File No. 763.72114/3559a

The Secretary of State to the Minister in Switzerland ( Stovall)

[Telegram]

1800. Your despatch No. 1707, November 9, 1917. Request Spanish Embassy, Berlin, to transmit to German Government the following reply of the Government of the United States to the Imperial German Government regarding the repatriation of the military and naval, sanitary or spiritual personnel of the United States and Germany.

With reference to the reply of the Imperial German Government to the inquiry of the Government of the United States as to the attitude of the German Government with respect to the repatriation of the military or naval, sanitary or spiritual personnel of either state now held, or hereafter to be held, by the other, the Government of the United States submits the following:

The Government of the United States, while it does not consider the provisions of the Geneva convention of 1906, or of the Hague Convention No. X of 1907, as binding on the United States in the present war, is, nevertheless, willing by agreement to adopt, as a modus vivendi, the principles laid down in articles 1, 2, 3, 4, 5, 6, 7, 8, 9, 10, 11, 12, 14, 15, 16, 17, 18, 19, 20, 21, 22, and 23 of the Geneva convention and articles 1, 2, 3, 4, 5, 6, 7, 8, 9, 10, first two paragraphs, 11, 12, 13, 14, 15, 16, and 17 of the Hague convention, on the basis of complete reciprocity by the German Government subject, however, to the following stipulations:

(1)
Instead of the allowances and pay provided by article 13 of the Geneva convention of 1906, and the third paragraph of article 10 of the Hague Convention No. X of 1907, each Government will secure to the personnel of the other referred to therein, [Page 49] and remaining in its power, the same allowances and pay that the German Government furnishes persons of corresponding grade or rank in its own Army or Navy.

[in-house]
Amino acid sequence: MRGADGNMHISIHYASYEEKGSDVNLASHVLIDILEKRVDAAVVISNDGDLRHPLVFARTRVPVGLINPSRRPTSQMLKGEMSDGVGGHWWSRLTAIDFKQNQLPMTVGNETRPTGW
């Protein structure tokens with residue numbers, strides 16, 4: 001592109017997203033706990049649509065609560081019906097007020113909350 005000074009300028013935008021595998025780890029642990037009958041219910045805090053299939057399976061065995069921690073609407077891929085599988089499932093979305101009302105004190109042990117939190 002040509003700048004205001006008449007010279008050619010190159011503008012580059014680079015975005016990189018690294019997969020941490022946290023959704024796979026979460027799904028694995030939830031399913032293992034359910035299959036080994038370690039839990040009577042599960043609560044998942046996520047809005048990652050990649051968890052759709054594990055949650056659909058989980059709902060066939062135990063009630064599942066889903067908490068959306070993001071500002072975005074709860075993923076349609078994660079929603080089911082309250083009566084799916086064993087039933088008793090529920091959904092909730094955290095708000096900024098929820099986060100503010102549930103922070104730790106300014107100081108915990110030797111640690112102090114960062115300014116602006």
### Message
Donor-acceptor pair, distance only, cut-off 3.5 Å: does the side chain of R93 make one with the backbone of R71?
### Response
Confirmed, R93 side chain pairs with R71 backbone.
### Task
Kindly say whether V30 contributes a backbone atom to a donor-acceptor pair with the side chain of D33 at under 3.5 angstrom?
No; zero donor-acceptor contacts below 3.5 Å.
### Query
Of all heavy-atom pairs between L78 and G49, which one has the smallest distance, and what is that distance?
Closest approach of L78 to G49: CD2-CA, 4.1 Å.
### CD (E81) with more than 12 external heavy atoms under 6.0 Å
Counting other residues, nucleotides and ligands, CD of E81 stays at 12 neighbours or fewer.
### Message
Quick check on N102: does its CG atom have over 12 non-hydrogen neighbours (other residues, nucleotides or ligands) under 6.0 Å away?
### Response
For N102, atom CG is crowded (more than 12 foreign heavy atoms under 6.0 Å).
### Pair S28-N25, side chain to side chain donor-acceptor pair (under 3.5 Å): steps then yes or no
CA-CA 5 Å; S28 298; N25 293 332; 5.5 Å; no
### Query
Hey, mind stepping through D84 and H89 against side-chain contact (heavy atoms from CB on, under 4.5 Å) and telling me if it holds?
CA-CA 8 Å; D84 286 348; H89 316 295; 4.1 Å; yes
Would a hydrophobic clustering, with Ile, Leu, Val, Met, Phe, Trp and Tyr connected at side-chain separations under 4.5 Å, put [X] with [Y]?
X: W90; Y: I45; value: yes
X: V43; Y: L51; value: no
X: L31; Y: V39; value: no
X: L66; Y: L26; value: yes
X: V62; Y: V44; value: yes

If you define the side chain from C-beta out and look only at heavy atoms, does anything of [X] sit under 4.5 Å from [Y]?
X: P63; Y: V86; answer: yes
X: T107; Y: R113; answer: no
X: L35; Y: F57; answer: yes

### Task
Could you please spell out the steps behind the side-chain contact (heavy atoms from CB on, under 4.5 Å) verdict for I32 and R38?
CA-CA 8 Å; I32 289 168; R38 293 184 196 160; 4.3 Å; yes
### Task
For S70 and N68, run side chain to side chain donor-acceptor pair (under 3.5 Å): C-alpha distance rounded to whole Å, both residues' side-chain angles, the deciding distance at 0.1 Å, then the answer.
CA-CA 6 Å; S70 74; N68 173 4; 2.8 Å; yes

(2)
The persons included in the sanitary or spiritual personnel under articles 9 and 10 of the Geneva convention of 1906, namely, male and female nurses, doctors, pharmacists, stretcher bearers, chaplains, officers of sanitary administration, doctors’ orderlies, administrative officers of the sanitary service, and similar persons, the personnel of such voluntary aid societies as either state may have recognized and authorized and whose names have been duly notified to the other state; and the officers and other conducting personnel of movable sanitary formations mentioned in article 14 of said convention, as well as the religious, medical and hospital staffs of either sex of captured ships, referred to in article 10 of the Hague Convention No. X of 1907, now held, or who may hereafter be held by either state, shall be repatriated when their assistance is no longer indispensable to the immediate care and treatment of the prisoners of war taken by the forces of the other state; and such repatriated personnel shall not, after their return, be employed by their own Government in other than the capacities in which they were engaged.

As soon as the Government of the United States shall have been notified that the German Government accepts the above propositions and is taking steps for the release of the sanitary and spiritual personnel of the American forces in its power, it will proceed to take steps to effect the repatriation of the sanitary personnel of the crews of the interned German war vessels which are now in its hands, as well as the sanitary personnel from Tsing-Tau.

The Government of the United States is not disposed to comply with the proposal of the German Government that there be included within the contemplated arrangement the doctors and clergymen held by both states when such doctors and clergymen do not belong to the military or naval, sanitary or spiritual personnel.

Further request Spanish Embassy to inform German Government that a statement indicating corresponding ranks of the American and German sanitary personnel follows by mail.1

Lansing
  1. Not printed.↩